• Kyodo


A former Seven-Eleven Japan Co. franchisee in Osaka Prefecture who spearheaded a campaign among the nation’s convenience store owners for shorter opening hours went to court Wednesday demanding that his terminated contract be reinstated.

Mitoshi Matsumoto drew widespread attention in February last year when he began closing his store in Higashiosaka in the early morning hours without company approval, citing a chronic labor shortage. At the time, Seven-Eleven required its stores to operate around the clock.

Matsumoto, 58, filed the suit against the company with the Osaka District Court following the decision by the country’s largest convenience store chain operator to terminate his franchise contract at the end of last year, saying there had been numerous customer complaints about his outlet.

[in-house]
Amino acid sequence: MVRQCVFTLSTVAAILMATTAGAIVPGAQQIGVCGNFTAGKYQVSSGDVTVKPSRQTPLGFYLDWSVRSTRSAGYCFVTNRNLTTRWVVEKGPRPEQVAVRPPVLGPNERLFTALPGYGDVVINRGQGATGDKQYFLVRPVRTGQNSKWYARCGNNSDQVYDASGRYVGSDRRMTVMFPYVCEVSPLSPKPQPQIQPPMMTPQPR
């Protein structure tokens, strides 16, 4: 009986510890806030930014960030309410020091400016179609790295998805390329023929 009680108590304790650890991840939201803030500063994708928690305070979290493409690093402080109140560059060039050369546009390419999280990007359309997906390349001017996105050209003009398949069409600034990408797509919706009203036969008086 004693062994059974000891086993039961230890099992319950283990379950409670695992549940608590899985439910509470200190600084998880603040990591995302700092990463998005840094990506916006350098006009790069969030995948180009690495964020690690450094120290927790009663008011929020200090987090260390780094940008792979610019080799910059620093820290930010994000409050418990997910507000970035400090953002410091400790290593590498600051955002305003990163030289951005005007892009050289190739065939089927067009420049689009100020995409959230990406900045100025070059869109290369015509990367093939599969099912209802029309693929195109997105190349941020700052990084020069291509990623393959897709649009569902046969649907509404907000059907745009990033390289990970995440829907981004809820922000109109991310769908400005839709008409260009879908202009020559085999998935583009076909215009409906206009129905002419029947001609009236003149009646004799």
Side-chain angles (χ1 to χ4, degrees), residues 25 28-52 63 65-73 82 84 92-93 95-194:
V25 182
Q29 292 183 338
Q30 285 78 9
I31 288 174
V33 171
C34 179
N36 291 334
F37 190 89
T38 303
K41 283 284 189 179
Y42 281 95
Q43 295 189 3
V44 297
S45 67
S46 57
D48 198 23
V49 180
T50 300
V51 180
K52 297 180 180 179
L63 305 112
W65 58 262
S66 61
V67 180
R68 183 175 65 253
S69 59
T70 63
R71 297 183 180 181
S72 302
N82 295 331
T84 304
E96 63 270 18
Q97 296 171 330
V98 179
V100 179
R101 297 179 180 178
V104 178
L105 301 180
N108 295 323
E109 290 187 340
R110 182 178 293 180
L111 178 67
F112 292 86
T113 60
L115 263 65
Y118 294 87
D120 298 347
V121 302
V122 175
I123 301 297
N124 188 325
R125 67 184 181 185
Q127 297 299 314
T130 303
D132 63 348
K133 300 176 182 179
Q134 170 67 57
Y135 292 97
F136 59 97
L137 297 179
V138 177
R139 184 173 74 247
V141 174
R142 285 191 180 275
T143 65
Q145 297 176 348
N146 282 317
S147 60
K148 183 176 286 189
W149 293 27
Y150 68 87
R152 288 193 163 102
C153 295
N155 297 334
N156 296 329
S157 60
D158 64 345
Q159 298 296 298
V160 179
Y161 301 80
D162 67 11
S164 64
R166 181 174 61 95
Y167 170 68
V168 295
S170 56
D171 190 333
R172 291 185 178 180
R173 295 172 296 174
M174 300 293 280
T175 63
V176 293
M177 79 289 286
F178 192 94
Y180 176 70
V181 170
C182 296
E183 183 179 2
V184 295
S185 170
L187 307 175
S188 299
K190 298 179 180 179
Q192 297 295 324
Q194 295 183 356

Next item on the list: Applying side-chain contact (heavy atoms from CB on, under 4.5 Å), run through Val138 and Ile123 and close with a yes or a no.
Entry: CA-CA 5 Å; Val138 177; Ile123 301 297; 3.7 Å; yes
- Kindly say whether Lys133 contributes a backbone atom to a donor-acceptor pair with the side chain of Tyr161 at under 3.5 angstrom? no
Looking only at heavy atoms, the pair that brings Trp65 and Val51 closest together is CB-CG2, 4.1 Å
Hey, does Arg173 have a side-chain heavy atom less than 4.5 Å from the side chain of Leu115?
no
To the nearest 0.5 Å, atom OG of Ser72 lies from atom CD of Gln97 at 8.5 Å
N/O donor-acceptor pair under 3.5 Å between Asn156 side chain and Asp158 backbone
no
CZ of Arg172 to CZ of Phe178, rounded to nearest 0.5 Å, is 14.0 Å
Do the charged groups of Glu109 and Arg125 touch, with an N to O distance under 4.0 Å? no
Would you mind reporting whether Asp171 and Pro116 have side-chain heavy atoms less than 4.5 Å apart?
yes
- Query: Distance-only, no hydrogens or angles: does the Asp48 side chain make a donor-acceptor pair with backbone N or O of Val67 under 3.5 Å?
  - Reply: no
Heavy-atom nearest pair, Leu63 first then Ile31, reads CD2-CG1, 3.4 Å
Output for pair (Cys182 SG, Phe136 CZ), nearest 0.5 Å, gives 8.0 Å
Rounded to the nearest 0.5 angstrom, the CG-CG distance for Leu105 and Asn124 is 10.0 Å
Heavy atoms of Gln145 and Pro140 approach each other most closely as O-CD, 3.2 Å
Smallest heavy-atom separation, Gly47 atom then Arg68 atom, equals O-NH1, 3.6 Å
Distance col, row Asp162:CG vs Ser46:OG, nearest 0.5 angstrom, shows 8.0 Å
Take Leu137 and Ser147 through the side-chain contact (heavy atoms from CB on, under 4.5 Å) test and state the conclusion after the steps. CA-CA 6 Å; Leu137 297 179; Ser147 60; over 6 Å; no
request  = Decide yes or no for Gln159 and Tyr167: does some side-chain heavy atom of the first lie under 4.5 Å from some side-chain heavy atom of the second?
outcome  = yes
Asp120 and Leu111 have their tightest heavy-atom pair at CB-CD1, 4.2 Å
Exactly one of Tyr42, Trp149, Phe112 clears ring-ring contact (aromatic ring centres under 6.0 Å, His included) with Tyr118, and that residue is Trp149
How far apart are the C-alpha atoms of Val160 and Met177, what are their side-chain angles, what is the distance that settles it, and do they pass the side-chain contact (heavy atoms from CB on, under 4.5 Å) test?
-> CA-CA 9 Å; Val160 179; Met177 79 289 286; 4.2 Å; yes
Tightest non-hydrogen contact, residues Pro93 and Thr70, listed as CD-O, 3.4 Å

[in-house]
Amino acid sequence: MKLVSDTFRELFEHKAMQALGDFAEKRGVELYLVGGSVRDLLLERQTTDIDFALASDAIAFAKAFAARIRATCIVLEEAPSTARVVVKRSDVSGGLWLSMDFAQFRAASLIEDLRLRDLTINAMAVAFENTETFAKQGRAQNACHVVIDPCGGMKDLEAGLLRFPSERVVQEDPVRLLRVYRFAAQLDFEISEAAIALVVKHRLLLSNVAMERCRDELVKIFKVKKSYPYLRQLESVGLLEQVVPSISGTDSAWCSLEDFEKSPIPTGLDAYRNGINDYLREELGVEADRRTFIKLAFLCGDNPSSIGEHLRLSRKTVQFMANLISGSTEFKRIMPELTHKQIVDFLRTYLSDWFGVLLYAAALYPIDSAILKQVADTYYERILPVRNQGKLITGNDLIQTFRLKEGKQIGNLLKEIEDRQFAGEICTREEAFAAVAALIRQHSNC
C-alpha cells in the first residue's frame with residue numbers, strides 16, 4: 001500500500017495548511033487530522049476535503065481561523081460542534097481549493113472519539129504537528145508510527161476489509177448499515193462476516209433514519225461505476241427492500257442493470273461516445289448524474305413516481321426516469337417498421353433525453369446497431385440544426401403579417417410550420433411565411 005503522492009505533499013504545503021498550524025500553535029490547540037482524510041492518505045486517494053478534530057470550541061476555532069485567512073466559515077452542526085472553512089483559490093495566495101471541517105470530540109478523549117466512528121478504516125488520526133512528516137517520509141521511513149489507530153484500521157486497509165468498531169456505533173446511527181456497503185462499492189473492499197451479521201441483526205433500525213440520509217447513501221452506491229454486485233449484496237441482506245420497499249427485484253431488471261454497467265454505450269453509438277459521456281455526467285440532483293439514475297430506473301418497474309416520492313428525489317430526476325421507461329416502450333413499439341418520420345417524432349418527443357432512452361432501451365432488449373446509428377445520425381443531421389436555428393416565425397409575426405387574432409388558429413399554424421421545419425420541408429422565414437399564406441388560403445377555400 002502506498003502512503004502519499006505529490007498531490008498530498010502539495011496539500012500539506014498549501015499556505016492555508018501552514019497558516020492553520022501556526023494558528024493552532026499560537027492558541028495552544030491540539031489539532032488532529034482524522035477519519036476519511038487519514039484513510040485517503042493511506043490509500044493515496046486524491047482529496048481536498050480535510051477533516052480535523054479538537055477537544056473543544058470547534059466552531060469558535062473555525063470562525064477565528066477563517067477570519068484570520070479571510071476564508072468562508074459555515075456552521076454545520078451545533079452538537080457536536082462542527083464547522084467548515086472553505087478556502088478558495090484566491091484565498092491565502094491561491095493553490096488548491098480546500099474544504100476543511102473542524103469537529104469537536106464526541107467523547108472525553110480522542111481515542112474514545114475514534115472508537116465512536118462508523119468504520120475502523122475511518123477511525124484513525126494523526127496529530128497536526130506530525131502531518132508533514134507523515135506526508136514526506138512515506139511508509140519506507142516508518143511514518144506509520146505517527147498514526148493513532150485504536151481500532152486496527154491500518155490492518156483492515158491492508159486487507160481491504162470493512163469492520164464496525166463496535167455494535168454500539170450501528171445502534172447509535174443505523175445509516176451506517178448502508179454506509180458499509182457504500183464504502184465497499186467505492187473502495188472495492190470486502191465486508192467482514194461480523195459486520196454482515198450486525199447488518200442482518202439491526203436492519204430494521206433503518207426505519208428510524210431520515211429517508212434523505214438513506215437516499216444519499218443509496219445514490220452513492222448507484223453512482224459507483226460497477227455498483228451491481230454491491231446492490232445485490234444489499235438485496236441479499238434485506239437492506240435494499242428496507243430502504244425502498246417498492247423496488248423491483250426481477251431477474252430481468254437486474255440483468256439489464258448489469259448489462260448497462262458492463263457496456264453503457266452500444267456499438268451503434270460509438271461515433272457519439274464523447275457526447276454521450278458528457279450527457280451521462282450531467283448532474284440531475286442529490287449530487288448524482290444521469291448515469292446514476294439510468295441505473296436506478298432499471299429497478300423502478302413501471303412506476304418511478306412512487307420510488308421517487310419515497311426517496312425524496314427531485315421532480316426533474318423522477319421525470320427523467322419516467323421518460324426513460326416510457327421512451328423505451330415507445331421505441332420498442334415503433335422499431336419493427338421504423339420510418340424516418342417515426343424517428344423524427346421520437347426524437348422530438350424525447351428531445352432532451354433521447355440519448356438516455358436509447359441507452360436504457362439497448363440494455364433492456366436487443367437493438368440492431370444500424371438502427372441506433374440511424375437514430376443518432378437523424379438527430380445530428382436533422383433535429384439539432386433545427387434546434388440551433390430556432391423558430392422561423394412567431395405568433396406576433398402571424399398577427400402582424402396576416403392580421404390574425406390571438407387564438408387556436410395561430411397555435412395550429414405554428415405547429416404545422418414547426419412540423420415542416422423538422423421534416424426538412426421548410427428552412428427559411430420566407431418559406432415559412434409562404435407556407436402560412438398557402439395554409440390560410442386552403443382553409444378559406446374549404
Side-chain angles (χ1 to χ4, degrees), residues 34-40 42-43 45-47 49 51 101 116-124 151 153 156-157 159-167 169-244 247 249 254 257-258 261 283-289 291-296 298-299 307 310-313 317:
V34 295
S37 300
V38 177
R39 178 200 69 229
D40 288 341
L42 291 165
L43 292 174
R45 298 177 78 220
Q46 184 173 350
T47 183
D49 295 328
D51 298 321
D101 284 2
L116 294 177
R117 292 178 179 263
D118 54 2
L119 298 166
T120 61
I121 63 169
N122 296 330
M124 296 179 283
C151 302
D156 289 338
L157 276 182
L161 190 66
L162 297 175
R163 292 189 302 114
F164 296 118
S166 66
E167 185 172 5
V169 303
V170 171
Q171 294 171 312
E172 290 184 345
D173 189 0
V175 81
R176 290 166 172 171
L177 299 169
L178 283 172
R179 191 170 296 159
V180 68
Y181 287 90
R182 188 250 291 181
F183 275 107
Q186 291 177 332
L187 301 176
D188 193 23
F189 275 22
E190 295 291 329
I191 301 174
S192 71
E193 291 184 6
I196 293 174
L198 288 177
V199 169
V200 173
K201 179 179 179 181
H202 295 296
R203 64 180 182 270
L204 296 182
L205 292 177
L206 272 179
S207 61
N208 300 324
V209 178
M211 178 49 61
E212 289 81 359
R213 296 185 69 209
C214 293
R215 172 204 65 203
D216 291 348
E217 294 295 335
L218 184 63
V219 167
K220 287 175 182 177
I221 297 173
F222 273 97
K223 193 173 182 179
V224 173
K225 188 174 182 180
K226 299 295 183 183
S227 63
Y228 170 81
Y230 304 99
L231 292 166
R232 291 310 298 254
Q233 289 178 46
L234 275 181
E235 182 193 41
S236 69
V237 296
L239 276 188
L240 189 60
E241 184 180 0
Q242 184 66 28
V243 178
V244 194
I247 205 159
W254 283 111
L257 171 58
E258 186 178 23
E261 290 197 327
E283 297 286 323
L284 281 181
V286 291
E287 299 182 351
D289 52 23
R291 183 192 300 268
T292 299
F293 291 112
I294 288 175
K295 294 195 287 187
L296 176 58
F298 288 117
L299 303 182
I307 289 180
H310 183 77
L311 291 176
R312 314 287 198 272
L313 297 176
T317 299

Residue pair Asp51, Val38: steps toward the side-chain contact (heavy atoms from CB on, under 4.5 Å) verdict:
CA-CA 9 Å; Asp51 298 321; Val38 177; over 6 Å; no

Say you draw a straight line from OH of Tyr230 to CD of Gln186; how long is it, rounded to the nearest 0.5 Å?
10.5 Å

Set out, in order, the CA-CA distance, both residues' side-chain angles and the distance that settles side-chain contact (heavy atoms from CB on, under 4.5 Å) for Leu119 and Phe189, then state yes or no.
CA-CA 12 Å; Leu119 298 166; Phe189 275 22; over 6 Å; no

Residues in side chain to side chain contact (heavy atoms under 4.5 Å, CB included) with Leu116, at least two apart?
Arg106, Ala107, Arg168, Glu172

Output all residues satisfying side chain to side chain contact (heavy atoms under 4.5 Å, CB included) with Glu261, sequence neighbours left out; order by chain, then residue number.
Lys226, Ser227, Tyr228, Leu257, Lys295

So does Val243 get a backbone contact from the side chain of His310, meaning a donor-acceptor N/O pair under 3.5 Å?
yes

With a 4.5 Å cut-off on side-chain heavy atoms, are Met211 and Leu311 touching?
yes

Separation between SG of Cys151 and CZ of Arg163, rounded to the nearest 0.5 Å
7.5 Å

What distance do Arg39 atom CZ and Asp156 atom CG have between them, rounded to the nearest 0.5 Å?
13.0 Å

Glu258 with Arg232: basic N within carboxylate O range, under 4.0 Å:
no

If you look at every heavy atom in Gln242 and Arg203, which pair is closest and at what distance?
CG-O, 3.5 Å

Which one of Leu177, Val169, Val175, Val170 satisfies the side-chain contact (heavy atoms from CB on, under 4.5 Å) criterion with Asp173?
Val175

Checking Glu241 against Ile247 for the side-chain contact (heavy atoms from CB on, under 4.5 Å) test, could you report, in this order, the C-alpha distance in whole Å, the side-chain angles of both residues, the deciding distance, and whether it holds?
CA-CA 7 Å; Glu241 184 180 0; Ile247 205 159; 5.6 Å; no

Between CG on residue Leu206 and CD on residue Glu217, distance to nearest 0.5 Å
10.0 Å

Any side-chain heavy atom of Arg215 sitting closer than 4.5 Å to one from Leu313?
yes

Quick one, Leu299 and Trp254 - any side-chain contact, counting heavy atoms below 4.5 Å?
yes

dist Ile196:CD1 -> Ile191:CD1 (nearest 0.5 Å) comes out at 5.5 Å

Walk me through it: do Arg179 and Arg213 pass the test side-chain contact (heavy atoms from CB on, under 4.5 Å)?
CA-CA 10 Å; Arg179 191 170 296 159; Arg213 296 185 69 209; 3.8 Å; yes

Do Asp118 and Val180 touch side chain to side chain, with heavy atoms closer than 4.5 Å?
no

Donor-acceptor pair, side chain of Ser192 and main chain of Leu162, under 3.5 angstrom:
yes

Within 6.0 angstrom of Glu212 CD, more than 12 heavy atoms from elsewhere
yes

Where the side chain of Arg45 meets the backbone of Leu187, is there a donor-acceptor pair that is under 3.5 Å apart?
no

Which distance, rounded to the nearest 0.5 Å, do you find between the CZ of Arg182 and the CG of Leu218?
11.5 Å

The legal action follows a series of provisional steps taken by both sides, with Matsumoto seeking a court injunction in January to confirm his status as a store owner, claiming the company’s decision to terminate his contract “was a measure to remove a central figure in a public movement calling for shorter opening hours.”

Seven-Eleven Japan has also filed for provisional court orders to dispossess Matsumoto of the store and receive compensation from him.

“Now I feel I’m really going to fight,” Matsumoto said at a news conference in Osaka. “I want to win so I can quickly resume operating my store, and also for the sake of franchise store owners across Japan.”

Matsumoto’s store has been closed since January, as he can no longer purchase goods following the termination of his contract and he has no inventory left.

Seven-Eleven Japan declined to comment on the suit, saying the company is still awaiting the court’s provisional rulings.


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